• A couple things:

      Thin people with eating disorders or a history of eating disorders still have thin privilege!!!!

      As a fellow white person, I want to remind you Yasmin that listening to Black people and trans people who are speaking out about this and amplifying THEIR opinions and experiences is what we are supposed to do. Anti-blackness and transphobia are real things which Jameela Jamil is not oppressed by, and we need to listen to and center the people most affected by this.

        • Hey Queer Girl, thanks foe the comment. “Thin privledge” is a concept that makes me beyond uncomfortable as someone who’s weight changes are directly tied how well I am managing my mental and physical health. I have been fat, I have been thin and a wide range in between and at all sizes I have been told my health is not as important as my weight.

          • Complicated personal history with body size doesn’t take away from the reality of thin privilege.. I too have been fat and thin and have a complicated relationship with health and body size but being thin allows for the ability to find clothes that fit in most stores, fitting in to chairs at restaurants and on airplanes, not being prescribed weight loss for medical conditions, even being safer in cars because seat belts fit and crash tests are performed on dummies in my weight range. These are just a few examples of privilege that thin people benefit from, regardless of personal history with eating disorders or complicated mental and physical health issues related to weight fluctuations.

          • Thin privilege is real. My weight has basically doubled after going on anti depressants. I was treated better as a thin person, even though I was using drugs and replacing meals with cigarettes, than I am as a mentally stable fat person.

            However, levelling the charge of ‘thin privilege’ at a person who almost died from their eating disorder is rather vile.

      • ** Thin people with eating disorders or a history of eating disorders still have thin privilege!!!! **

        Yes, that is right. I never said she didn’t. I said it made me uncomfortable that it was sort of used against her when her thinness is caused by a severe disorder and she has done a lot of work to discuss wheight stigma, reducing peoples worth to their wheights and eating disorders.

        For your other point please see my other comment, I’ve explained myself more.

  2. So much civil rights history is reduced to..I don’t know…what’s most palatable to white people maybe? That Rosa Parks myth is probably the one I see the most often on lower division US history tests. I highly recommend “Rebellious Life.”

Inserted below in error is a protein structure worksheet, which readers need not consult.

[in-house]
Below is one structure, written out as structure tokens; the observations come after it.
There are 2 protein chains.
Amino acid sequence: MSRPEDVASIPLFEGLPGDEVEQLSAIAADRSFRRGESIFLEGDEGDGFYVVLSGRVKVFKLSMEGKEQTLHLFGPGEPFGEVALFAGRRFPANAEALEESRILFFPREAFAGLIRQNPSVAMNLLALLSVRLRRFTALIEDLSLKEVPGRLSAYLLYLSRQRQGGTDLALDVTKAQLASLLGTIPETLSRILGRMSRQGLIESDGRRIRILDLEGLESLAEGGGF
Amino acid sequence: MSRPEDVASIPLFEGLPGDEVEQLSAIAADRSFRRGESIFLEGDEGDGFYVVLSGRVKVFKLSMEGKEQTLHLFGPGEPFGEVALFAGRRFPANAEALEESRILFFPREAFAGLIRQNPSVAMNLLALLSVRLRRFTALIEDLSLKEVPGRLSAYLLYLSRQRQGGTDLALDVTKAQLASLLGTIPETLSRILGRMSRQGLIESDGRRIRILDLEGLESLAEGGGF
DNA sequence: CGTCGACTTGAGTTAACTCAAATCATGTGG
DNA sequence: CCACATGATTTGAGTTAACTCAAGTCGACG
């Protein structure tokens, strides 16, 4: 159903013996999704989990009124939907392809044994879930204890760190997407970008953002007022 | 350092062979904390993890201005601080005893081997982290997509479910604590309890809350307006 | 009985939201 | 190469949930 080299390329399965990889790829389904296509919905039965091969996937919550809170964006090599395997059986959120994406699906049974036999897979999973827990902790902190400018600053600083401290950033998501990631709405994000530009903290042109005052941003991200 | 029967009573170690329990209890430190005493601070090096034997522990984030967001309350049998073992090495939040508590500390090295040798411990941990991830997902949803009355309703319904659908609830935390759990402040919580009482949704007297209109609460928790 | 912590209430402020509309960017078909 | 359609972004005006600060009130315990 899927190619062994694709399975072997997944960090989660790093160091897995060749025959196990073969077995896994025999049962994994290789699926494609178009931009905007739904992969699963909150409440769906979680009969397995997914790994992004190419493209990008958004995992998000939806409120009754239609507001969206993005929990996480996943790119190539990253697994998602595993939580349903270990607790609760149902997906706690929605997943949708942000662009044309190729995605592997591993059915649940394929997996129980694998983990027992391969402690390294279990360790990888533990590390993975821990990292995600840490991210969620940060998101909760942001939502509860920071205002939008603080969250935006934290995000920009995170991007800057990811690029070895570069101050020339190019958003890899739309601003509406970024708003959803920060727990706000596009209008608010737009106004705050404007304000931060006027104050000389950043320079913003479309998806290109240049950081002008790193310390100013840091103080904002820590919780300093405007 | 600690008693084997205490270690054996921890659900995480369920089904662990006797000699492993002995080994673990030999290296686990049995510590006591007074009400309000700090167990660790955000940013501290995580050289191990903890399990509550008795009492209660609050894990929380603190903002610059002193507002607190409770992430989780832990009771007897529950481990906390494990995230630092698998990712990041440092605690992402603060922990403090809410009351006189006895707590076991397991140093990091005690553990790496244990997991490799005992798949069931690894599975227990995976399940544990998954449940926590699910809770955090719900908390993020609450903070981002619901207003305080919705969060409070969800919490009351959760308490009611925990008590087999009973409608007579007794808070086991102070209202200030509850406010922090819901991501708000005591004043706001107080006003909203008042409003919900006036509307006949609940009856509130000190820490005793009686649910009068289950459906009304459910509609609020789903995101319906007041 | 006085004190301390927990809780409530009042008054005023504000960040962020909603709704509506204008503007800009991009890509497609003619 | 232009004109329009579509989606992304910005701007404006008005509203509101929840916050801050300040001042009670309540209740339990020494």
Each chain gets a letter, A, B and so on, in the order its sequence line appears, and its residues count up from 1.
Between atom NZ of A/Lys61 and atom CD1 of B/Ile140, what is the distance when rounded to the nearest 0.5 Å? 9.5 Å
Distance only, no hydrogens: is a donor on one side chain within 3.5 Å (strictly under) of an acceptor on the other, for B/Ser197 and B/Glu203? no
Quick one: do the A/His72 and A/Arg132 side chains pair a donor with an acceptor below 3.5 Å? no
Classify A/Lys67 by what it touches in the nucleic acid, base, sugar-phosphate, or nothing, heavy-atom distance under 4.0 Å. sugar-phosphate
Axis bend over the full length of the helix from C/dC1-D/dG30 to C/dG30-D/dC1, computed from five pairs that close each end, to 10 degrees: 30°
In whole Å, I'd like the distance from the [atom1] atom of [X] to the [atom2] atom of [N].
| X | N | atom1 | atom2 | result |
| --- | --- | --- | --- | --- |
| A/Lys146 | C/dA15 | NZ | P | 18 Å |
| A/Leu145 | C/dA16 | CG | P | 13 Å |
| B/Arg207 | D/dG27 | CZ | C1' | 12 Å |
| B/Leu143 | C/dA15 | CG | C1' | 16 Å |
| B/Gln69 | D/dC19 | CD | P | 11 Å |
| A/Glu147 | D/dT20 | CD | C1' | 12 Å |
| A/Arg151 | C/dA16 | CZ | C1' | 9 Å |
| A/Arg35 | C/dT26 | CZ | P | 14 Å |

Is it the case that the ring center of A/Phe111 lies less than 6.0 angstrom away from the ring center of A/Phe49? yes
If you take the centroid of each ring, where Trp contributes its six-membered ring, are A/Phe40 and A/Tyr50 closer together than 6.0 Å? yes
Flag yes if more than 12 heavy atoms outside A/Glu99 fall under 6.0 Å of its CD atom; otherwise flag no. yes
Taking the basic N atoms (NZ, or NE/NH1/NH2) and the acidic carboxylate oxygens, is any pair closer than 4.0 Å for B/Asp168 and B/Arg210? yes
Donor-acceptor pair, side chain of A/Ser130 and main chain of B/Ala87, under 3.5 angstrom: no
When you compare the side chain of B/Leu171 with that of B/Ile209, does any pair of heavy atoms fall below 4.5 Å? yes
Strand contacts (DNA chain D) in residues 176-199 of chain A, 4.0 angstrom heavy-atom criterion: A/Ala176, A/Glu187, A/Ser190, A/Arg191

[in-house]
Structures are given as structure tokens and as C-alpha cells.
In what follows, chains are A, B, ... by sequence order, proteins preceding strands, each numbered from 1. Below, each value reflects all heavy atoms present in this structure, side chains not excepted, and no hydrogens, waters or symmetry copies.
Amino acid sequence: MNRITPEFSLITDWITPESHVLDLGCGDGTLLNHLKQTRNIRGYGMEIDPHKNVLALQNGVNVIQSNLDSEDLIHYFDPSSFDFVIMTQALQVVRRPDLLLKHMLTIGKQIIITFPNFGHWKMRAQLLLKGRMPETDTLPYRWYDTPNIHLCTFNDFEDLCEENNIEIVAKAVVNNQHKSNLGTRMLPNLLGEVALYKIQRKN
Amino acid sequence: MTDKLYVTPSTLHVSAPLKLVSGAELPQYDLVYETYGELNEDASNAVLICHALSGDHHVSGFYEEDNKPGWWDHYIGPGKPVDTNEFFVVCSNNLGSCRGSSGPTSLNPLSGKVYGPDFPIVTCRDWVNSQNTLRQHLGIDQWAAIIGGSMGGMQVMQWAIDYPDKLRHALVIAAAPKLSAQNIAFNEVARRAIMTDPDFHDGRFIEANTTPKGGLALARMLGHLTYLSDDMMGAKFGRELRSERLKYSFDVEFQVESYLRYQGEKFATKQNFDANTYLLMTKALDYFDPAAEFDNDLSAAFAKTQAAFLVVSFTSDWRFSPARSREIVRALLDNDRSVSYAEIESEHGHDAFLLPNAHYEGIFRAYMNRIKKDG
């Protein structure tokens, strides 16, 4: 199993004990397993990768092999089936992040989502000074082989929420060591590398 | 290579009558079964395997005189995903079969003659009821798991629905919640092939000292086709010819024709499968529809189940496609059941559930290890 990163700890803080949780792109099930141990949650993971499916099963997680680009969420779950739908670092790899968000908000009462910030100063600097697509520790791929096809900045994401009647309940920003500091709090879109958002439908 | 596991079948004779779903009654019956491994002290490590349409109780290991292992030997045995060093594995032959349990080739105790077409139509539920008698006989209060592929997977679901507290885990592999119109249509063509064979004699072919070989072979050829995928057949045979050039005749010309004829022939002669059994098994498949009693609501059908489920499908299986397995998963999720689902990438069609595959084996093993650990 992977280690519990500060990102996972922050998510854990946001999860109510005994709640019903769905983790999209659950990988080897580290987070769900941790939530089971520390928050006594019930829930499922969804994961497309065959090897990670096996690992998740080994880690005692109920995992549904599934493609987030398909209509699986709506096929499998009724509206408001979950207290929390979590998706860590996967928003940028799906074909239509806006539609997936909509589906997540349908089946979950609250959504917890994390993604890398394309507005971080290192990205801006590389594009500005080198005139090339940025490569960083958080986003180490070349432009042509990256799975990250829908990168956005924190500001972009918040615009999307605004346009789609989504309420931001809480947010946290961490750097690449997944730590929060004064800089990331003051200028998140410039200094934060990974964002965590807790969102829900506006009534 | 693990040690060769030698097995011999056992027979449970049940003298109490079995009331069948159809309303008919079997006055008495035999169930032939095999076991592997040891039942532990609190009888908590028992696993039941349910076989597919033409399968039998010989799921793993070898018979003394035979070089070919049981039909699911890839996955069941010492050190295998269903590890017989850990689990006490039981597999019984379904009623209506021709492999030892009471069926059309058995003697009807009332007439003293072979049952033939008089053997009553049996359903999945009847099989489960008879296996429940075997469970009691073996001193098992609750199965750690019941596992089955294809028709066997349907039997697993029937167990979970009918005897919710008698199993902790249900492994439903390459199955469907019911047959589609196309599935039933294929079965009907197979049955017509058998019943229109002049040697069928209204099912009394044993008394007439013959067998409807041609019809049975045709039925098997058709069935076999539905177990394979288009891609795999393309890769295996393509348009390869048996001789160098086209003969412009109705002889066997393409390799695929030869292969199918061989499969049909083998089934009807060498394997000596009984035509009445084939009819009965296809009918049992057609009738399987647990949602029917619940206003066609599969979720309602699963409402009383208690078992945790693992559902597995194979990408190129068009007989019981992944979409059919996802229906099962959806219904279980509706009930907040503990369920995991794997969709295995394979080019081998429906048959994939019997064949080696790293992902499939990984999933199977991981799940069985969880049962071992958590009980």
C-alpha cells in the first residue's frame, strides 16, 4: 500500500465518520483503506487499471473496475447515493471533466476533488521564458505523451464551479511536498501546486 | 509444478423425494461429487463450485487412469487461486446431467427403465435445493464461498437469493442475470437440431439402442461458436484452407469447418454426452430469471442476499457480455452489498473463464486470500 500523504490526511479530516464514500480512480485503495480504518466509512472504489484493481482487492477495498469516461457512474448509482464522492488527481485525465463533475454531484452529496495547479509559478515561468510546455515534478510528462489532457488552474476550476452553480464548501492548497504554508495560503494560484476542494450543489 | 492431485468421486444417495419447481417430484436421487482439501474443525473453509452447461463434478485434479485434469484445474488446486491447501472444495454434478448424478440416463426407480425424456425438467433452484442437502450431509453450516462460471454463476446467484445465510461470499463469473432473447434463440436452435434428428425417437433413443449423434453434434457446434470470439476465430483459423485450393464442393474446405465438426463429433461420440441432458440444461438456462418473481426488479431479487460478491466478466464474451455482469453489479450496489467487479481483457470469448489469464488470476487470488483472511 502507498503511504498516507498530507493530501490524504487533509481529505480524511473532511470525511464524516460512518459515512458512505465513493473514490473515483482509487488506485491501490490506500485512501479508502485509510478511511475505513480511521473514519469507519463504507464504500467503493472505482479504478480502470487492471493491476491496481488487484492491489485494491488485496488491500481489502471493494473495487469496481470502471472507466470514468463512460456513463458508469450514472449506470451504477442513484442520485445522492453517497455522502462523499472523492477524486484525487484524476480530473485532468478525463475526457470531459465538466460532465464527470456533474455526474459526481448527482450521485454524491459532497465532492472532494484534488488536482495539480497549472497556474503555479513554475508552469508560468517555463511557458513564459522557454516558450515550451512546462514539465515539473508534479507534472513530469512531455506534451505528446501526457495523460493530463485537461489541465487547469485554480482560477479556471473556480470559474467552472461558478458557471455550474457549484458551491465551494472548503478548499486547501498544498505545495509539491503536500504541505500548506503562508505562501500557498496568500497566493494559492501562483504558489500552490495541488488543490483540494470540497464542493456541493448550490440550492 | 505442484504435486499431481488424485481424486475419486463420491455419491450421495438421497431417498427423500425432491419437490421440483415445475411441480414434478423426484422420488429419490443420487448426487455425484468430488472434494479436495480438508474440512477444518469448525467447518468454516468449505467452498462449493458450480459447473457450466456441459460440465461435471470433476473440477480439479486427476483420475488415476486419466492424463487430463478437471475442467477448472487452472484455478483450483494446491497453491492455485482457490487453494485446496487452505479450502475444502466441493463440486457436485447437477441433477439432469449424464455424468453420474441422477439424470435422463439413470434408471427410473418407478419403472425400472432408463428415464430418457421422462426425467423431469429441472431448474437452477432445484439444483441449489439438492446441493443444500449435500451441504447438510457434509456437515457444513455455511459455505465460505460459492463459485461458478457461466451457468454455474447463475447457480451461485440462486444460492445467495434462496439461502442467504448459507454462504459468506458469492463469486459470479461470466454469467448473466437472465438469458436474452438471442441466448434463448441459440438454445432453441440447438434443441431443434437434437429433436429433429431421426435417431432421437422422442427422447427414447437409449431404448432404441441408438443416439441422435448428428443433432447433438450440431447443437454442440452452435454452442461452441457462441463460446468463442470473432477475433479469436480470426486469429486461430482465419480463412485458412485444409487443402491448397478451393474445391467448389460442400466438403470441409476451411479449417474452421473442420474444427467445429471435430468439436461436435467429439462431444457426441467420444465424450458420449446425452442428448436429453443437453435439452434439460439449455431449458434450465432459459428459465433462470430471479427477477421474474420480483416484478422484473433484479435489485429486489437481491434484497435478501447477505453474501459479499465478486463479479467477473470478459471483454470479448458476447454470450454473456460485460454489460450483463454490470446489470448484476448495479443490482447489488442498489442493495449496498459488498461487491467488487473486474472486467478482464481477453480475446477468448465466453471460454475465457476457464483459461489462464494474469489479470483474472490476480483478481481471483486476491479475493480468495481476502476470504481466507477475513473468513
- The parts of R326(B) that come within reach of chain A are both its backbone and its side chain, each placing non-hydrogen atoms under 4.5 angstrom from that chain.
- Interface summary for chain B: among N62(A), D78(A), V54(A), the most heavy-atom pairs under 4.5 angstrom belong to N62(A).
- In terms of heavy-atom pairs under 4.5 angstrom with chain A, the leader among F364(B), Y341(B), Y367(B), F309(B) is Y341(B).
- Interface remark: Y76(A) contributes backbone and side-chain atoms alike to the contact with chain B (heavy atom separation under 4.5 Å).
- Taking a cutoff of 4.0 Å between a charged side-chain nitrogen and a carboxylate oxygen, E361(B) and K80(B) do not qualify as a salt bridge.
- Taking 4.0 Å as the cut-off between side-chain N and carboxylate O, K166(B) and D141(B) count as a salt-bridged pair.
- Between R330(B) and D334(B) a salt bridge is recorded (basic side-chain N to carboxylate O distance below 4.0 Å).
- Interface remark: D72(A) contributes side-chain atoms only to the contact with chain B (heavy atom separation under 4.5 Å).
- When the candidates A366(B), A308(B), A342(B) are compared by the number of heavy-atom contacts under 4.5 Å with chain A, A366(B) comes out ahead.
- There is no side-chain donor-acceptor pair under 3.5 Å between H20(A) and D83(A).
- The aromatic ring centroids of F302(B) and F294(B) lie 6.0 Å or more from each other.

And thanks for the Political Snacks. I really needed them this week.

    • I think one of the reasons passive civil rights narratives exist and persist is because teachers of young children (read: me) tell pared down, age-appropriate versions, but then as students get older and are capable of handling more, the histories are not fully fleshed out with all their complications, subtext, and nuance.

      It’s not a bad thing for a four or five year old to know that Rosa Parks sat down on a bus, wouldn’t get up, got in trouble, and that changed things for the better. It’s a bad thing if when you’re 8, 12, 15, 18, you haven’t broadened that understanding. And right now, I fear most students never get beyond the picture book phase of civil rights history.

  3. Plus Plus Plus to thank you Carmen for doing an incredible job letting everyone involved be complex humans with complicated experiences of privilege and oppression while not compromising on how paramount it is that entertainment efforts focused on ballroom follow leadership of people with personal experience and roots in ballroom. Jameela has had other public spaces to be complicated about her identities and experiences and learning, and AS doesn’t need to hold ALL of that space for her.

  4. “it’s never OK to use your cis and *class* privilege to push yourself into a space where you weren’t wanted and then use your queerness as a cloak”

    I’m sorry, are we trying to say that a queer woman of colour who was born disabled to poor parents and developed an eating disorder as a teen is super privileged now?

    And no, Jamil does not have ‘class privilege’. Yes, she went to private school, on a scholarship. Her parents divorced when she was young, because her father was physically abusing her mother. She used to get beaten senseless at school for being Asian and poor. She literally got beaten for classist reasons and y’all are insisting she has ‘class privilege’.

    I’m guessing this is because an American is writing it and you don’t understand the British class system. But I can tell you now, a poor woman of colour who left her violent husband and become a single mother – particularly in the 90s? That’s not a woman who’s conferring ‘class privilege’ on her daughter.